It would be so easy for a domain owner to redirect his/her domain to a Blogger “Coming Soon” site without ads. It’s free and so easy to do.
But I agree–this decision stinks big time. Technically, the decision might have been right, but the spirit of it is slimeball sleaze.
Andrew Allemann says
@ Ms Domainer – remember this was not a domainer.
Take a look at this guys FreshLookConsulting.com is not in violation, but the .net is, this lawyer is having a field day with this, money in the bank all day long.
Registrar’s need to give the owners right of choice. If not, then someone needs to bring them before a judge perhaps as a class action.
“The bottom line: when setting up a business, do it right. If he left the GoDaddy parking page on, it’s a serious example of misjudgment.”
I was about to post the same comment. When you wish to launch a business on a certain domain name, make sure you setup a proper landing page, especially if your TM could be misunderstood.
Andrew Allemann says
@ Joe and Acro – it’s ridiculous to think that the everyday domain registrant will know to ask for a coming soon page to be taken down. I also doubt the registrant had any idea that “Fresh Look” was a trademark when he registered the domain.
domain guy says
fresh look contact lens is a prior registration on the principal register in good standing.
fresh look is the exact same words that infringe on an existing mark.consulting is not part of the REQUESTED MARK.
however applied to a different class.
THIS IS A LANHAM VIOLATION. TRADEMEARK ATTORNEYS ARE TRAINED THIS WAY.
Now if the applicant included the word consulting in the mark,domain name and requested a different class. the applicant would have a case. otherwise this case was decided correctly using the lanham act..ugly buy true.This is a good education for domainers.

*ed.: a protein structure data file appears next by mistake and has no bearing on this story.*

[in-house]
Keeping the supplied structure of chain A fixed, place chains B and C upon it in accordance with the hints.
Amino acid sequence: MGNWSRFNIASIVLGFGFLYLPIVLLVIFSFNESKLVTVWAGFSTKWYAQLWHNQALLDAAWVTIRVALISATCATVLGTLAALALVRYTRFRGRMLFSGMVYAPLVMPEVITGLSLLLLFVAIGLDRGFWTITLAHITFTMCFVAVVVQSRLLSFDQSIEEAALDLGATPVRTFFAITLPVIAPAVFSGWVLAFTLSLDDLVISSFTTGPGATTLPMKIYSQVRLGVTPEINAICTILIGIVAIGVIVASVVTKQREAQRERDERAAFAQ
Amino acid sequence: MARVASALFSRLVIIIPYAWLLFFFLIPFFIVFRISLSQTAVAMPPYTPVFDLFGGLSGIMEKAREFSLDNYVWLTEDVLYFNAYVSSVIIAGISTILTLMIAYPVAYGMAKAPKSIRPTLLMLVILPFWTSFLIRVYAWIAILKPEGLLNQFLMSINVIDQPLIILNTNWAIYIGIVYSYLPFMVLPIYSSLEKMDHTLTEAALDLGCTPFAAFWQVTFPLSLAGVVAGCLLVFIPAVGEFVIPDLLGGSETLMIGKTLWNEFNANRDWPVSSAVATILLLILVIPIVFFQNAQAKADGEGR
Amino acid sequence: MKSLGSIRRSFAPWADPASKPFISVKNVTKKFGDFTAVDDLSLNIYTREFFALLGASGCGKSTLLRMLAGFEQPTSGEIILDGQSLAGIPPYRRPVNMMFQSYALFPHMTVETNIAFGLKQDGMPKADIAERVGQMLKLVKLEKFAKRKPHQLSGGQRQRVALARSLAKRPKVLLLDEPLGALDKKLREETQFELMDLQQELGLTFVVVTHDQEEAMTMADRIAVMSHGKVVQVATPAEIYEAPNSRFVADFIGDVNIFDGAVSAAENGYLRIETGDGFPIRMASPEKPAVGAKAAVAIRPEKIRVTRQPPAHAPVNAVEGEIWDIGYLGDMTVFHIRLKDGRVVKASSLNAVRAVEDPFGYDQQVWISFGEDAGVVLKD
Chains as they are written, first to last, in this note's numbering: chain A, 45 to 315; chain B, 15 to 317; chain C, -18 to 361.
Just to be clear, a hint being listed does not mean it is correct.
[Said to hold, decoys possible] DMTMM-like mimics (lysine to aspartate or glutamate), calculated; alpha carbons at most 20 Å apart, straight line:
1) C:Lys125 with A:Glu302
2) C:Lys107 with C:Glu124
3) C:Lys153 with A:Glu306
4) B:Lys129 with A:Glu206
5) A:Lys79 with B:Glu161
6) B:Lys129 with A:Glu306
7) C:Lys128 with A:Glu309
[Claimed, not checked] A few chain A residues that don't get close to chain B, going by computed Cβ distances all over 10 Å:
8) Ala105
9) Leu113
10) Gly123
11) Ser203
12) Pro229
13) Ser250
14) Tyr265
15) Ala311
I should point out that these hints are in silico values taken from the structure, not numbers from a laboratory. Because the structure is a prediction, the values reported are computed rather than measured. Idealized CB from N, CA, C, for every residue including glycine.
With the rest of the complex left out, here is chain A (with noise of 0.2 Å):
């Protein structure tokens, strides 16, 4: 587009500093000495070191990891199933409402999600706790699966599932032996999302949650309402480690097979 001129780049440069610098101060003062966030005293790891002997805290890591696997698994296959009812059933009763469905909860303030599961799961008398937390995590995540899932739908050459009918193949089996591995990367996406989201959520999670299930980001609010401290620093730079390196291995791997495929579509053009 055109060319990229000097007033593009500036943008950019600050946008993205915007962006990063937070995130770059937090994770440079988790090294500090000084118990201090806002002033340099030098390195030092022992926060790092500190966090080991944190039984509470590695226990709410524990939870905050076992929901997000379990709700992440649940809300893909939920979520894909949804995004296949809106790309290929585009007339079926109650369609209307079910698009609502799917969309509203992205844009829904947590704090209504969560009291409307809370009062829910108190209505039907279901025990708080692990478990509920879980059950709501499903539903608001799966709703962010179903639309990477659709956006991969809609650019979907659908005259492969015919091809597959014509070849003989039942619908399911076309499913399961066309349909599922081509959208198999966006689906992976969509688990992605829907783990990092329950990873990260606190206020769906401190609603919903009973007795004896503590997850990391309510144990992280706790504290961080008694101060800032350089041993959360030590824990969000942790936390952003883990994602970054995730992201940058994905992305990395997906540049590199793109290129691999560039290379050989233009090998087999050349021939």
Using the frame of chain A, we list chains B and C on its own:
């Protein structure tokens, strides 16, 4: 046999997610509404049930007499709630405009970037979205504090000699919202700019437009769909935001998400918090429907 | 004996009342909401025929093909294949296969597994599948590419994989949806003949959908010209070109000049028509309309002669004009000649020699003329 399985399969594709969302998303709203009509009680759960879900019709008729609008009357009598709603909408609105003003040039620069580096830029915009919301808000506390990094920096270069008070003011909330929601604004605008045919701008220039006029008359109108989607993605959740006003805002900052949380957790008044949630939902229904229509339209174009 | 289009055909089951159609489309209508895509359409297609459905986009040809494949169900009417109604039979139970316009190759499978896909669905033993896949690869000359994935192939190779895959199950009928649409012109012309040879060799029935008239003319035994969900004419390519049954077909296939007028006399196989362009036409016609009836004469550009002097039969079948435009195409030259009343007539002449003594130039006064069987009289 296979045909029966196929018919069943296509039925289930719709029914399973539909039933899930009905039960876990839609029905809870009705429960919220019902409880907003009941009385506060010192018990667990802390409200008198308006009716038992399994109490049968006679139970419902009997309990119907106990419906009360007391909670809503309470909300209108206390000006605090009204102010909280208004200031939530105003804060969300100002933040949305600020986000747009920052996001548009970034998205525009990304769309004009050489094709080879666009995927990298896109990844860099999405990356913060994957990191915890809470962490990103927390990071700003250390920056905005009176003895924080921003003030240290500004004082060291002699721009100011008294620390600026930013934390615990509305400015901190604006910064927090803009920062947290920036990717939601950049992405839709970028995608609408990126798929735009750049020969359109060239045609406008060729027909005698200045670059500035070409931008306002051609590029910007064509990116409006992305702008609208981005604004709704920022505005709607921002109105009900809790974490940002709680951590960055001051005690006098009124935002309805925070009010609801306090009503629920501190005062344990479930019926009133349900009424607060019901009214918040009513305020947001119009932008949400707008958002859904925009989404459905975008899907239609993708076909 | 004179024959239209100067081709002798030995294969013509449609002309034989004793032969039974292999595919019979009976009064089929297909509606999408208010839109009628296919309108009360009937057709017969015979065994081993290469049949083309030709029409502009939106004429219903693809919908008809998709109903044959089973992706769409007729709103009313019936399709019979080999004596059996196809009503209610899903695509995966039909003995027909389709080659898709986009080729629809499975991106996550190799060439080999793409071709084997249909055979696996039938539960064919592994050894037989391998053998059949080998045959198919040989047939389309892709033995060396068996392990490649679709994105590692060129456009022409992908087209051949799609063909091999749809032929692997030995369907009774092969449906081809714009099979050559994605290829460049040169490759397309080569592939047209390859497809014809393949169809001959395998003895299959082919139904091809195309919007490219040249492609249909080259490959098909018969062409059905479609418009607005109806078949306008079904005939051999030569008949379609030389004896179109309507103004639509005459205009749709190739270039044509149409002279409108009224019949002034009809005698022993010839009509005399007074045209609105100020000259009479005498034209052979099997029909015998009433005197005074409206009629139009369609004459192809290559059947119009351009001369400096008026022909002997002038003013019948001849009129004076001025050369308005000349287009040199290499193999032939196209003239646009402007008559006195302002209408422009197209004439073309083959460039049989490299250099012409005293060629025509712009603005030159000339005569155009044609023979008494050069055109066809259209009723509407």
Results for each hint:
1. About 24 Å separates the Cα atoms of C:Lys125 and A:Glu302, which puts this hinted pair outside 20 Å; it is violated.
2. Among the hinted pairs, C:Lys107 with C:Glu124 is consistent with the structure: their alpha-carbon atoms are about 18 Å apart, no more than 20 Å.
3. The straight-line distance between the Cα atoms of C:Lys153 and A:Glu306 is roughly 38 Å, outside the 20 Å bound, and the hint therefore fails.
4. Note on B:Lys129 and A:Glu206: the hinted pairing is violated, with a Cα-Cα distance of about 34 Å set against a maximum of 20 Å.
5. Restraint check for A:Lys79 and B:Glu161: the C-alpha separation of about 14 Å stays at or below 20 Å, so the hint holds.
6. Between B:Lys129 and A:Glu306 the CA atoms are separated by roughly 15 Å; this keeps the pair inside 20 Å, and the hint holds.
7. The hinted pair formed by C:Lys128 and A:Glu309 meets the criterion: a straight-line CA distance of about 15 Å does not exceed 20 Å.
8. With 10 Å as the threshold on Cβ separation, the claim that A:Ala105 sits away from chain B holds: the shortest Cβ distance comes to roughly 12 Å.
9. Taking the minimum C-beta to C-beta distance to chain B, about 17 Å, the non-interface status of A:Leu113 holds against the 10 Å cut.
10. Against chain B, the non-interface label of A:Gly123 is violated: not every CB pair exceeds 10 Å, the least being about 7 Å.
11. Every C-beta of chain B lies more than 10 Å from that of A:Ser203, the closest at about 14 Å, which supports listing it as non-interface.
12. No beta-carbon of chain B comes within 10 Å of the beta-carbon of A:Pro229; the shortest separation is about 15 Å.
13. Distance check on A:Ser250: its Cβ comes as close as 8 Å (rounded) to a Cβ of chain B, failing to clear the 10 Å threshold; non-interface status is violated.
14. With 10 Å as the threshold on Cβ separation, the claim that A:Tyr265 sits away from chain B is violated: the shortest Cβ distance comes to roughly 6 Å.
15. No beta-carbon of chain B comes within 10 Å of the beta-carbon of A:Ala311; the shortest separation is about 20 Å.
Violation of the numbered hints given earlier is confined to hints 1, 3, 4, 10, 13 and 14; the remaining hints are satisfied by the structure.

I don’t agree with the panelist’s decision, but if one wants to setup a business properly, the very first thing he needs to do is a bit of research. After all your company name will be the identity by which you and your business will be recognized in the long (hopefully!) term, so checking if your desired name/TM may somehow interfere with someone else’s should be a pretty natural step.
Andrew Allemann says
@ Joe – I’d argue the name doesn’t interfere. He’ll be able to use the ‘fresh look’ name since it’s for something completely different than contact lenses.
Yes, but, as we know, UDRP decisions are not perfect and sometimes are meaningless, especially when cases involve bigger companies and their known brands vs smaller entities (guess which ones will win…).
How is a small business average Joe to know when they register a totally off beat random domain that attorneys are scanning for the parking page godaddy imposes when they register? I mean 10,000 people do this on a daily basis, this lawyer is a eagle who just churns these out day and night. This is really silly, UDRP panel judges have very little education on the parking side. I mean most pages have search boxes, you can input a trademark term search into the box, and show it on the page.
What happens when everything is trademarked.
This guy was in a different business so he was not in the contact lens market. Any reasonable person could figure out fresh look contanct lens is one company and fresh look consultancy is a different company.
A judge would definately look hard at the domain name freshlook.com but freshlookconsultancy.com , come on that is vastly different. Judges are people to and they can see the difference for themselves. Plus the best interest of the people holds weight and seeing if this limits the consumbers choices. So does keeping this guy out of business hurt the consumer? His company wasn’t started yet but on the other hand limiting people from starting businesses by swinging your trademark around does hurt the consumer.
Ridiculous. Sometimes the ‘letter’ of the law is so far from common sense. Reminds me of the Target.org UDRP hearing.
Hector A. Manoff is a partner at the law firm Vitale, Manoff & Feilbogen.
Dave Zan says
They actually do. I just don’t know how Go Daddy’s is configured, like if it allows a user to change DNS while in the checkout page or after purchase.
Perhaps, someone can get an amendment that allows all new websites a 7 day grace period that allows them to put up a Page without ads on them that registrars put up.
GoDaddy has an InstantPage option where one can create a Domain for Sale page which is nice. Even then though there is up to 48 hours where a parked page with ads appear on site as the site propogates and/or takes to the InstantPage.